Odds and Ends
By Devin D. O'Leary
JANUARY 24, 2000:
Dateline: Denmark -- A drunken Danish bather set a real-life sea rescue in motion after phoning in distress calls for his sunken tub toys. According to the Copenhagen daily Sjaellands Tidende, a heavily intoxicated 52-year-old man called in repeated mayday alarms to the Maritime Sea Rescue Command as he sailed his plastic boats around the bathtub. The sloshed Sunday sailor claimed to be the captain of a 12-man freighter in distress just west of the Baltic Sea Island of Bornholm. The would-be Captain Hazelwood told rescue officials that his vessel was listing 45 degrees and that one crewman had already been washed overboard. Authorities responded quickly sending out two rescue vessels and combing the area for nearly two hours. Police in Copenhagen eventually traced the phone calls to the home of the intoxicated man, who admitted giving the false alarm. He now faces fines and compensation claims of 10,000 crowns ($1,400).
Dateline: Spain -- Villagers in the tiny northwestern town of Manganeses de la Polvorosa have bowed to pressure from animal rights activists and will not engage in their annual goat-tossing festival this year. According to local tradition, the annual festival of St. Vincent -- the town's patron saint -- cannot begin unless a goat is thrown 15 meters from the town's bell tower and safely caught in a tarp held aloft by villagers. The event, which has attracted fierce protests from animal rights campaigners in the past, was scheduled to begin on Jan. 23. Protests against the goat-launch caused the local governor to ban the event back in 1992. Revelers that year contented themselves to simply lower a goat from the bell tower using ropes. By 1993, however, excited celebrants had returned to their goat-chucking ways. According to the state news agency EFE, the town was fined 25,000 pesetas ($156) last year by the regional government after the National Association of Animal Welfare and Protection complained about the goat-heave. The origins of the odd religious ritual are unclear, although one legend recounts the tale of a priest's goat that accidentally fell from the tower and was saved by villagers holding a blanket.
Dateline: Taiwan -- An environmental tour by Taipei's mayor was DOA after a boating jaunt turned up a floating corpse. For many months now, Mayor Ma Ying-jeou has spearheaded a campaign to clean up Taipei's polluted Tanshui river. Last Monday, the Mayor and several press representatives took a boating tour of the river to survey evidence of the politician's long-touted cleanup. What they found, instead, was the body of a 56-year-old Taipei man floating face-down in the murky water. After police fished the waterlogged corpse from the river, the Mayor continued on with his tour. "It smells much better than it used to," Ma assessed to the Taipei Times. "But we can't develop water tourism until the river smells normal."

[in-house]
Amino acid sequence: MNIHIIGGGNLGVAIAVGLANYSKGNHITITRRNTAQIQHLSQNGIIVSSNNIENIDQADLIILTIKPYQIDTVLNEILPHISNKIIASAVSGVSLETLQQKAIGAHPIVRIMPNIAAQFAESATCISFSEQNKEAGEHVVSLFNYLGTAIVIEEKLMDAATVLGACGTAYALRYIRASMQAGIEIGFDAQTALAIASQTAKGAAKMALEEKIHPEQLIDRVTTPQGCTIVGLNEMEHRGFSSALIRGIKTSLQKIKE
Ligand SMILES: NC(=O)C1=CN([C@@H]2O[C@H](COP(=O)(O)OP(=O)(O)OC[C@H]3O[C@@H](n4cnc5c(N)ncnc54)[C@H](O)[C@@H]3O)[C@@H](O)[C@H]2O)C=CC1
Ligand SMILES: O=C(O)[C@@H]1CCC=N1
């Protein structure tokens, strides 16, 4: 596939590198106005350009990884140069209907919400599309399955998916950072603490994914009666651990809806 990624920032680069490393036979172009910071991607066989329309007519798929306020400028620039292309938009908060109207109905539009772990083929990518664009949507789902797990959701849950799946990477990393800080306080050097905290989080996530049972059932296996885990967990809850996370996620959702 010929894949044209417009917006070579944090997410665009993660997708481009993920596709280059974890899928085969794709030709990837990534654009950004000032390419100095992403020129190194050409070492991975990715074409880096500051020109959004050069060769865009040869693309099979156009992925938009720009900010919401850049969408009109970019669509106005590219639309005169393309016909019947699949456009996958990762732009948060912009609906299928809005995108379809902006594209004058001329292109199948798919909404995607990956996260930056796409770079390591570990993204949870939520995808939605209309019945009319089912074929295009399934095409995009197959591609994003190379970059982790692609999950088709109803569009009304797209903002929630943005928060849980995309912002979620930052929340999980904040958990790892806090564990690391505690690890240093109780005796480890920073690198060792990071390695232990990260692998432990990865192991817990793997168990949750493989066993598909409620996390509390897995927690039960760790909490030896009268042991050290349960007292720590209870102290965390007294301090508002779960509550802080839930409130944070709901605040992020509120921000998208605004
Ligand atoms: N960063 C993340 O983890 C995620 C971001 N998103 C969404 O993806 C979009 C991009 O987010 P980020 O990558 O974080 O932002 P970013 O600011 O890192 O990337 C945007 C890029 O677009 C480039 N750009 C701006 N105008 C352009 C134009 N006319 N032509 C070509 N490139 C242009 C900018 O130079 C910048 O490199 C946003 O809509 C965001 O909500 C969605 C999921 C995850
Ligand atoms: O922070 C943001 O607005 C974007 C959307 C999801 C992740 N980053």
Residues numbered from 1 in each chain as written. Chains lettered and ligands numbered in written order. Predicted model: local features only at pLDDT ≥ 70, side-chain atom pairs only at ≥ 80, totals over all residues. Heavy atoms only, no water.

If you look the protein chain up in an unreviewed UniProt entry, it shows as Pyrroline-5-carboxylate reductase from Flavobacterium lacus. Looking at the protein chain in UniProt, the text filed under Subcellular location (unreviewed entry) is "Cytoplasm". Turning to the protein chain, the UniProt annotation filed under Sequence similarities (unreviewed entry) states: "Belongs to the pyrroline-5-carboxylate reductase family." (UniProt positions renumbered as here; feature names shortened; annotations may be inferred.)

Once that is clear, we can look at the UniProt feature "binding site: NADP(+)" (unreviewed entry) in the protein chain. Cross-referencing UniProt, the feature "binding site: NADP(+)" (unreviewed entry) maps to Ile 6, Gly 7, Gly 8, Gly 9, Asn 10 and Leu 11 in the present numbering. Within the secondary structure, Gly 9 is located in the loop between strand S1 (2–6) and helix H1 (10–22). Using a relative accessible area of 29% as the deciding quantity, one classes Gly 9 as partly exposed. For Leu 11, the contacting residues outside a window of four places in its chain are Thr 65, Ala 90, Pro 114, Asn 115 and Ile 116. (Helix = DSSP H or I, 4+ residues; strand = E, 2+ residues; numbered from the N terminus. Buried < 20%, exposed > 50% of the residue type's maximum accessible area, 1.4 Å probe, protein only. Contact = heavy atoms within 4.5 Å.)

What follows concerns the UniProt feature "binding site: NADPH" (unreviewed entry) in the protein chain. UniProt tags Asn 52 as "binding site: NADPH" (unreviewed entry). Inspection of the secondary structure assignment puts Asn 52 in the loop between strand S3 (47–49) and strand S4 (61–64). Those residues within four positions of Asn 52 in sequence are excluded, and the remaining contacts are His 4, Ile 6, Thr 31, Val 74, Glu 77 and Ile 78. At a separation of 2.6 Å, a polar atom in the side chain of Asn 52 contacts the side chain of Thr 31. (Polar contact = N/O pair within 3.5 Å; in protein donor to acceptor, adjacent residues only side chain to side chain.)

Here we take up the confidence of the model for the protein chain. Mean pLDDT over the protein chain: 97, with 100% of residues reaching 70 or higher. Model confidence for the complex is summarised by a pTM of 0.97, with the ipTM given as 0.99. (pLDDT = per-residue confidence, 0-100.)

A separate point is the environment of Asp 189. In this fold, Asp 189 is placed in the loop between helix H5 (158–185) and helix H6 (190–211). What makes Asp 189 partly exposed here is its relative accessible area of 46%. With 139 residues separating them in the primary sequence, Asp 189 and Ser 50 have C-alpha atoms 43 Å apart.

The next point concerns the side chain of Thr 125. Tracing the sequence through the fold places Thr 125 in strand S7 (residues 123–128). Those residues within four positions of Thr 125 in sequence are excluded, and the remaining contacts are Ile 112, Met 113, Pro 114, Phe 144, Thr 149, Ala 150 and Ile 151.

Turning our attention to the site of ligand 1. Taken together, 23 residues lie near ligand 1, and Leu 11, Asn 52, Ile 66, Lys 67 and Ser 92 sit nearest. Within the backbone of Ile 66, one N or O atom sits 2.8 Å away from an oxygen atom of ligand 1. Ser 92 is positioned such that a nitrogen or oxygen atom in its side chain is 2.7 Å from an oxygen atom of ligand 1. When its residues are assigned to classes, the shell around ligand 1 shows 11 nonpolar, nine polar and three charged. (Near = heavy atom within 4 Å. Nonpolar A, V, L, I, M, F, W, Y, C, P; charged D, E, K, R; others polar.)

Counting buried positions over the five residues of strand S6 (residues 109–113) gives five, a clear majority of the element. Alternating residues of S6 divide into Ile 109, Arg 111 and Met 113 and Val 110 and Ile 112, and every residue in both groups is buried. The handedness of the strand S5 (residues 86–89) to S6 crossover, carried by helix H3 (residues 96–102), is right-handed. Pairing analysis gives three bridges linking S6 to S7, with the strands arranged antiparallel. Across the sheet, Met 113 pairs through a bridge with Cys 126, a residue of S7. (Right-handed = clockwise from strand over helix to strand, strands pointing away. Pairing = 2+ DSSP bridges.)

Dateline: Israel -- According to British weekly The Economist, the most expensive place in the world to buy a Big Mac is Israel. Thanks to overvaluation of the Israeli shekel, a Big Mac in the Jerusalem McDonald's will run you approximately $3.50 compared with a base price of $2.44 in the United States.
Dateline: Italy -- An Italian tenor was coaxed out of the audience last week to fill in for a colleague with an ailing voice during a performance of Giuseppe Verdi's famed opera Aida. Tenor Gegam Grigorian was originally assigned the lead role of Ramades in Aida, but a bout of flu robbed the singer of his voice during the first act. Fellow tenor Alberto Cupido, who was watching the performance, was persuaded to give up his seat and step onto the stage as a last-second replacement. The second-string singer performed his role dressed in casual clothing and clutching a copy of the score in his hands. Cupido had never sung Verdi's demanding Egyptian opera before, but completed the work to a standing ovation from a packed house in Parma, the composer's home town.